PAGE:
Berlin under fire for trying to interfere with Wirecard investigation


The German Ministry of Finance has been criticized for attempting to secretly intervene in the interrogation of key witnesses during the parliamentary investigation of Wirecard, which may violate parliamentary etiquette.

The collapse of this German payment company last summer had an impact on Germany’s financial and political elites. The parliamentary investigation revealed a number of regulatory errors and led to the departure of the heads of the three regulatory agencies.

A few days before the final debate in the parliament on the final report of the committee on Friday, the Ministry of Finance revealed that one of its senior officials was trying to be tried by Munich’s chief prosecutor Hildegard Bäumler-Hösl Before intervening in investigative work, he was a key witness.

The government revealed this in a written reply to a question raised by Fabio De Masi, a member of the far-left Die Linke party seen by the Financial Times.

The ministerial official was not named, but it can be determined by the description of his role. He is Reinhard Wolpers, the head of the financial market stability department. Wolpers is one of three Treasury employees who are members of the BaFin Administration Committee. The Ministry of Finance declined to comment on his identity.

In preparation for the questioning of Bäumler-Hösl in January, Wolpers approached Elisabeth Roegele, BaFin’s then vice president, and asked her to ask Bäumler-Hösl questions, who then forwarded them to the MPs.

The government has no constitutional role in the investigation. Parliament is conducting an investigation and has powers similar to courts. In addition, Rogler was also nominated as a witness and had not yet been questioned by members of Congress. In late January, she was forced to quit her job by the government along with President Felix Hufeld.

“The werewolf’s behavior was clearly against the regulations,” Demasi told the Financial Times, adding that the government official “lacked respect for the Bundestag.”

BaFin and Munich prosecutors have been involved in a controversial 2019 short-selling ban accusation game, which investors believe is a vote of confidence in the disgraceful company. BaFin imposed the injunction after receiving information from the Munich prosecutor about the alleged imminent short-sale attack on Wirecard.

Several BaFin employees told MPs that the Munich prosecutors have stated that the information is highly credible. Bäumler-Hösl denied this and stated that she only passed it on to BaFin, but did not comment on its validity.

The short-selling ban may be harmful to the German Finance Minister Olaf Scholz, who was the candidate for the Social Democratic Chancellor in the September federal election.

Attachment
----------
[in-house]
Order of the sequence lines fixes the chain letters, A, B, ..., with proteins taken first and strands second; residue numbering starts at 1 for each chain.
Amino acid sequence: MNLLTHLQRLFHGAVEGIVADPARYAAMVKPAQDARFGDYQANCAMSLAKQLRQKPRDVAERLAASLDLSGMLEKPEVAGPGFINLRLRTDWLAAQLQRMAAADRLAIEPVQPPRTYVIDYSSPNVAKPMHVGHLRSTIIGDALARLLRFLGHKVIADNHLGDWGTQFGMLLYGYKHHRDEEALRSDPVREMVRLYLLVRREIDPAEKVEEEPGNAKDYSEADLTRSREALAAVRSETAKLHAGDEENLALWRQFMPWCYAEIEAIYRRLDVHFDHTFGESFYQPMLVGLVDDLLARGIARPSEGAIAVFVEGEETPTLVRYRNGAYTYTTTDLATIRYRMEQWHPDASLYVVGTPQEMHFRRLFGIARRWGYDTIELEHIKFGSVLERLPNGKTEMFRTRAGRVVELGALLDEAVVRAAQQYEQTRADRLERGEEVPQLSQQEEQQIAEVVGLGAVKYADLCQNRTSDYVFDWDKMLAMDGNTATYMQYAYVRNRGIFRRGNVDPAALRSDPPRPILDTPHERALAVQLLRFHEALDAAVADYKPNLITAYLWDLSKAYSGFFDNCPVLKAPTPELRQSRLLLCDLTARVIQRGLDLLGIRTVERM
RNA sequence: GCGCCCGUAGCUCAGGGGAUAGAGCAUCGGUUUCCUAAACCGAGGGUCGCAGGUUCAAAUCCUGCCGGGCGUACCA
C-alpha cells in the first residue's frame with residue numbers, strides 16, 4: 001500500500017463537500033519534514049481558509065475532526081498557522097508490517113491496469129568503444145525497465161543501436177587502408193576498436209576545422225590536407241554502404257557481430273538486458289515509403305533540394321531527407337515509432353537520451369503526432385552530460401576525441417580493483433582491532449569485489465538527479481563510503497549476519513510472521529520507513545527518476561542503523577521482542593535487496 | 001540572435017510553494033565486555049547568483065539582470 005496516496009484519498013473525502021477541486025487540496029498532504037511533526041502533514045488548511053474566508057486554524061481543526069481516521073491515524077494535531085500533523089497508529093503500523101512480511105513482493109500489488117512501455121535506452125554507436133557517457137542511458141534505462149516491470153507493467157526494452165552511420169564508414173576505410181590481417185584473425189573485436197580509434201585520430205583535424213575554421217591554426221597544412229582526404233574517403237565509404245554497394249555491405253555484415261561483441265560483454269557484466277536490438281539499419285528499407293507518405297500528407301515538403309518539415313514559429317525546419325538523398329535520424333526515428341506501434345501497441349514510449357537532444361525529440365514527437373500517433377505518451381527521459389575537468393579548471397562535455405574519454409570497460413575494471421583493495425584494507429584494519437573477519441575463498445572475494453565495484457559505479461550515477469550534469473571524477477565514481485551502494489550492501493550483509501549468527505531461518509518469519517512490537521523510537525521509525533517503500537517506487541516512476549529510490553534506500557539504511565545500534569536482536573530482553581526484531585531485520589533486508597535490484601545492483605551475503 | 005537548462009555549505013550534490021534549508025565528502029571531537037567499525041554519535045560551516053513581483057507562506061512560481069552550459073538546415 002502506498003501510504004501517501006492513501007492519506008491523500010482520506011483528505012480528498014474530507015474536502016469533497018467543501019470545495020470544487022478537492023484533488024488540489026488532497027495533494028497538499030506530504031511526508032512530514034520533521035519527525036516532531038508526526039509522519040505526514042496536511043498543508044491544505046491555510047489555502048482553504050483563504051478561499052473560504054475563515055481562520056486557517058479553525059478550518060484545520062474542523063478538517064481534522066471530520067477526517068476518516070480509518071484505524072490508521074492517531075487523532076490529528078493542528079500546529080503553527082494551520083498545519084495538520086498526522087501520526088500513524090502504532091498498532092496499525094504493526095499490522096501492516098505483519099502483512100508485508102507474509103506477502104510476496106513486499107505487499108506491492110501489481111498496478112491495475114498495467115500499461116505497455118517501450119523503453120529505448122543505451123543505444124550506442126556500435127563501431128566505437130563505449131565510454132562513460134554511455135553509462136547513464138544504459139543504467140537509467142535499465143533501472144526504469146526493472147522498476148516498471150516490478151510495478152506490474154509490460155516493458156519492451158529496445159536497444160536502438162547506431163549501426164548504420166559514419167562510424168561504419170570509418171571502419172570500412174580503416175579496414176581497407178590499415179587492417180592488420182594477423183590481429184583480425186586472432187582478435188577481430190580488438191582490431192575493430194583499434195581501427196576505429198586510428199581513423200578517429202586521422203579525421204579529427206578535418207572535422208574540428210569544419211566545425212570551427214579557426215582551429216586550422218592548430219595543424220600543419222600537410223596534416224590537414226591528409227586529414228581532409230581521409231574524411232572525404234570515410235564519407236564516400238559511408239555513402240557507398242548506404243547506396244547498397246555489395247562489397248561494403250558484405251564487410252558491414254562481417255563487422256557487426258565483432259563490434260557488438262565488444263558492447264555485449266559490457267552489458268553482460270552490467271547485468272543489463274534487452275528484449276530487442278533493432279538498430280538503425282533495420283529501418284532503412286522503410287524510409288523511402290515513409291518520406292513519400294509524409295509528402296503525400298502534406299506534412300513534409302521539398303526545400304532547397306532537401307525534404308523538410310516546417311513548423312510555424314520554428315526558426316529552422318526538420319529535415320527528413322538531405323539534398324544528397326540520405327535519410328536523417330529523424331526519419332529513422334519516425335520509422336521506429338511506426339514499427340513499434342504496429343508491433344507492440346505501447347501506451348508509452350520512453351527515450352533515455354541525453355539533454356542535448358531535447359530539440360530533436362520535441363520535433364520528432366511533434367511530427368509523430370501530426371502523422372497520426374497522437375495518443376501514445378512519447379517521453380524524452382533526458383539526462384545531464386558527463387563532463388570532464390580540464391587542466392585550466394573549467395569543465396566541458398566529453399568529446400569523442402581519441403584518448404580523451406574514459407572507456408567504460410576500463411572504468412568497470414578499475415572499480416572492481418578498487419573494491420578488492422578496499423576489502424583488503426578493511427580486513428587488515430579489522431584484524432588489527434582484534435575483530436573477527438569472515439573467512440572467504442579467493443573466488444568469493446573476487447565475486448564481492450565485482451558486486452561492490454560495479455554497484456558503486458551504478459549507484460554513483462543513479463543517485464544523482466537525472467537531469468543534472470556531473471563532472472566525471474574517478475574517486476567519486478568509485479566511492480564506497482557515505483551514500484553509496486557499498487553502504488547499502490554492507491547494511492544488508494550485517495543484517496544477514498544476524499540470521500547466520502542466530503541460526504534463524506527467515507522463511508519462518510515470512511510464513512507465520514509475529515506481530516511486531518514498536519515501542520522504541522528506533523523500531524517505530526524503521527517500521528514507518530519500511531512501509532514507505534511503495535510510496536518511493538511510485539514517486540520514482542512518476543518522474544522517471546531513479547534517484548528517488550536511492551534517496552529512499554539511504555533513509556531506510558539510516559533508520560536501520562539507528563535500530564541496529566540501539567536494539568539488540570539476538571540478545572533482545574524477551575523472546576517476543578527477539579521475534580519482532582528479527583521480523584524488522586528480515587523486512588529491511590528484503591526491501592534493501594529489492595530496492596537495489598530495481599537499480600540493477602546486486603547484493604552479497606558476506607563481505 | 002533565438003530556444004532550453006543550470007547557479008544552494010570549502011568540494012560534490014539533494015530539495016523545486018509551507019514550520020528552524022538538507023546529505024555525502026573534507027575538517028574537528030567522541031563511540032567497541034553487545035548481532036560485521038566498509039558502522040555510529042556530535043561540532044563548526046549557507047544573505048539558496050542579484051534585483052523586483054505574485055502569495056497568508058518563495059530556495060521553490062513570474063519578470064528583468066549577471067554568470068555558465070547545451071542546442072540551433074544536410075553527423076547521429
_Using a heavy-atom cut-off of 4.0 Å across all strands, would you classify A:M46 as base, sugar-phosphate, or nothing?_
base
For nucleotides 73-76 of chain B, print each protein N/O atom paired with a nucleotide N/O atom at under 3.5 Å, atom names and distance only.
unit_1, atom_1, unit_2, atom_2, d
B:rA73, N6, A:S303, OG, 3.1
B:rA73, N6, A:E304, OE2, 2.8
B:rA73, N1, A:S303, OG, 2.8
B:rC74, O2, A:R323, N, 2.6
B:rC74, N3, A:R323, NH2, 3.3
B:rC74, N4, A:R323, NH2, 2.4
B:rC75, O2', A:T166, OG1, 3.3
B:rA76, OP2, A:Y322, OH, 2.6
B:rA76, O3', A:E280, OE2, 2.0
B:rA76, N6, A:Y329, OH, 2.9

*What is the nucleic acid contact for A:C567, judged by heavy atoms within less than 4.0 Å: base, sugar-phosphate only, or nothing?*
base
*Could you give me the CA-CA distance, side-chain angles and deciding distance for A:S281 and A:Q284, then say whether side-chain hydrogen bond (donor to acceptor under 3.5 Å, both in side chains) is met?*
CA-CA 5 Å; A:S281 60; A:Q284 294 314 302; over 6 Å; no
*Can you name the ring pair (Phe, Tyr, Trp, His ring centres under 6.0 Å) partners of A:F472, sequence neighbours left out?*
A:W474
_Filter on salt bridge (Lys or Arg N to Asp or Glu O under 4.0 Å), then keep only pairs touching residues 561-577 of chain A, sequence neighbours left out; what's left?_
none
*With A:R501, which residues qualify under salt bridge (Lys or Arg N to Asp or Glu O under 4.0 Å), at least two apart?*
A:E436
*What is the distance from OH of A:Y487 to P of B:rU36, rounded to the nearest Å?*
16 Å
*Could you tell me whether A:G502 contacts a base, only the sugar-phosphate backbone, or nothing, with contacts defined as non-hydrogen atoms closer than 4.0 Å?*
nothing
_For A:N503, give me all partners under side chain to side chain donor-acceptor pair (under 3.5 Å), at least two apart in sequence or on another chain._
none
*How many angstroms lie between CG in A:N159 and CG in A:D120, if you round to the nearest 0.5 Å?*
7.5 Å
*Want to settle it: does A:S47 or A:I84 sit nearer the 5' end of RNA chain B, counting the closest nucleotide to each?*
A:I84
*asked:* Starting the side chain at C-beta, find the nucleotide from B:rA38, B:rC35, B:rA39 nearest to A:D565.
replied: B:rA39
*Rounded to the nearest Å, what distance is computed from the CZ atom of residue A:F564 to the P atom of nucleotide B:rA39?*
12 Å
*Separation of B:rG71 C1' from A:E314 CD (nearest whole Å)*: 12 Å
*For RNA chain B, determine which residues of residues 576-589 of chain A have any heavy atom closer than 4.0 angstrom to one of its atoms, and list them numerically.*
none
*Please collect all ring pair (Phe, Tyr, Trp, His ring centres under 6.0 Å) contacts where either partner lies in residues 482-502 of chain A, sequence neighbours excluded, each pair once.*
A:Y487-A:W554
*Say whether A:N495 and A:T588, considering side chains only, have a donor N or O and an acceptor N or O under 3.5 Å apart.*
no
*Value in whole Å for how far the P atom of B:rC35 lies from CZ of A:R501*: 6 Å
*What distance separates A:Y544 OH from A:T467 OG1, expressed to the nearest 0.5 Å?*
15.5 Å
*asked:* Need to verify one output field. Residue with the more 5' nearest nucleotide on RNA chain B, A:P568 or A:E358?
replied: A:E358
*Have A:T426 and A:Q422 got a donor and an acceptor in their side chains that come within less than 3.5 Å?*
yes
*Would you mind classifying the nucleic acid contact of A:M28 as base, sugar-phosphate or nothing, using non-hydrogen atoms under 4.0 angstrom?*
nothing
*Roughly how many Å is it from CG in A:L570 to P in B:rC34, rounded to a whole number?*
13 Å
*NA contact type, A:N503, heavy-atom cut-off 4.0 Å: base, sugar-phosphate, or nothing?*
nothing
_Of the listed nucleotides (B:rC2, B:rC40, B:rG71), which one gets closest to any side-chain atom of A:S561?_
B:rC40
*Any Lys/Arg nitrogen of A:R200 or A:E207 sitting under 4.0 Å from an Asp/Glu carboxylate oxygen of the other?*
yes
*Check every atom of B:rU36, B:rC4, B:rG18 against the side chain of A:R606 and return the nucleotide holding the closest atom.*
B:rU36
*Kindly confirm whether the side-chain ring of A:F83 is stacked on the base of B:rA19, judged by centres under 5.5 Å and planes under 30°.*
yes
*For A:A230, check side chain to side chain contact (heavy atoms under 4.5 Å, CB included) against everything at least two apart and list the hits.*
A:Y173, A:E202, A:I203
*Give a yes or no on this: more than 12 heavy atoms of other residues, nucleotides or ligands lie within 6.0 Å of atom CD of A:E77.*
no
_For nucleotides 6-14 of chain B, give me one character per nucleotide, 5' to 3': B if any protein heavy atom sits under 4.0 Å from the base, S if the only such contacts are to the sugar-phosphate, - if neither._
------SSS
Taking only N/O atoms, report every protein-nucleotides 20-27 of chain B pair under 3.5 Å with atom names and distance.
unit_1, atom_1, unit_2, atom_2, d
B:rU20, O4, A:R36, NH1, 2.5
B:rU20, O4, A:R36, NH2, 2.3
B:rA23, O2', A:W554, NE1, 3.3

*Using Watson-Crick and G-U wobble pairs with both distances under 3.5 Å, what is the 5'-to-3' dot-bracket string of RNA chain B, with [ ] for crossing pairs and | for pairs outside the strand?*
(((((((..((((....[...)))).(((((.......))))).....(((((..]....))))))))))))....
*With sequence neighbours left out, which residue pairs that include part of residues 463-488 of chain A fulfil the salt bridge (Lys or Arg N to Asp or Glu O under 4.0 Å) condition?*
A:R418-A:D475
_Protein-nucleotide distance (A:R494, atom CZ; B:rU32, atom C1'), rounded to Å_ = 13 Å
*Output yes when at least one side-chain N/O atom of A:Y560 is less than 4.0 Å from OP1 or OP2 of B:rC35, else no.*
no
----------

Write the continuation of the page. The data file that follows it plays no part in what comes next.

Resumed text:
The Ministry of Finance publicly condemned the short-selling ban by the regulator, saying it was based on poor and inadequate analysis.

The ministry’s response to De Masi revealed that Wolpers contacted Roegele via email and text message a few days before Bäumler-Hösl testified. The ministry stated that Walpers “acted on his own initiative and did not coordinate with other employees of the Ministry of Finance.” It added that the administrative level “never” was informed of the behavior, but only because of Demasi’s investigation did it become known about it.

“Communication [our] Ms. Roegele’s employees ultimately had no results because Ms. Roegele did not submit any suggestions on such issues,” the ministry said, adding that “no information” was passed on to members of the investigation committee of the ministry.

Green MP Lisa Paus stated that “the power of the Ministry of Finance” has been abused for the political interests of the Social Democratic Party. “That will never work.”

Florian Toncar, the pro-business Liberal Democrat MP, said that if Wolpers’ actions “have not been approved or even demanded by the top officials of the ministry,” it would be “very surprising”.

SPD investigative representative Jens Zimmermann stated that he could not comment on the department’s internal procedures, “because I don’t have any insights. [into them]”And added that his only contact was with the official representatives of the ministry on the committee. “I have not received any suggestions regarding potential problems with Ms. Bäumler-Hösl,” Zimmermann said.

Wolpers and Roegele did not respond to requests for comment from the Financial Times. The Munich prosecutor declined to comment.

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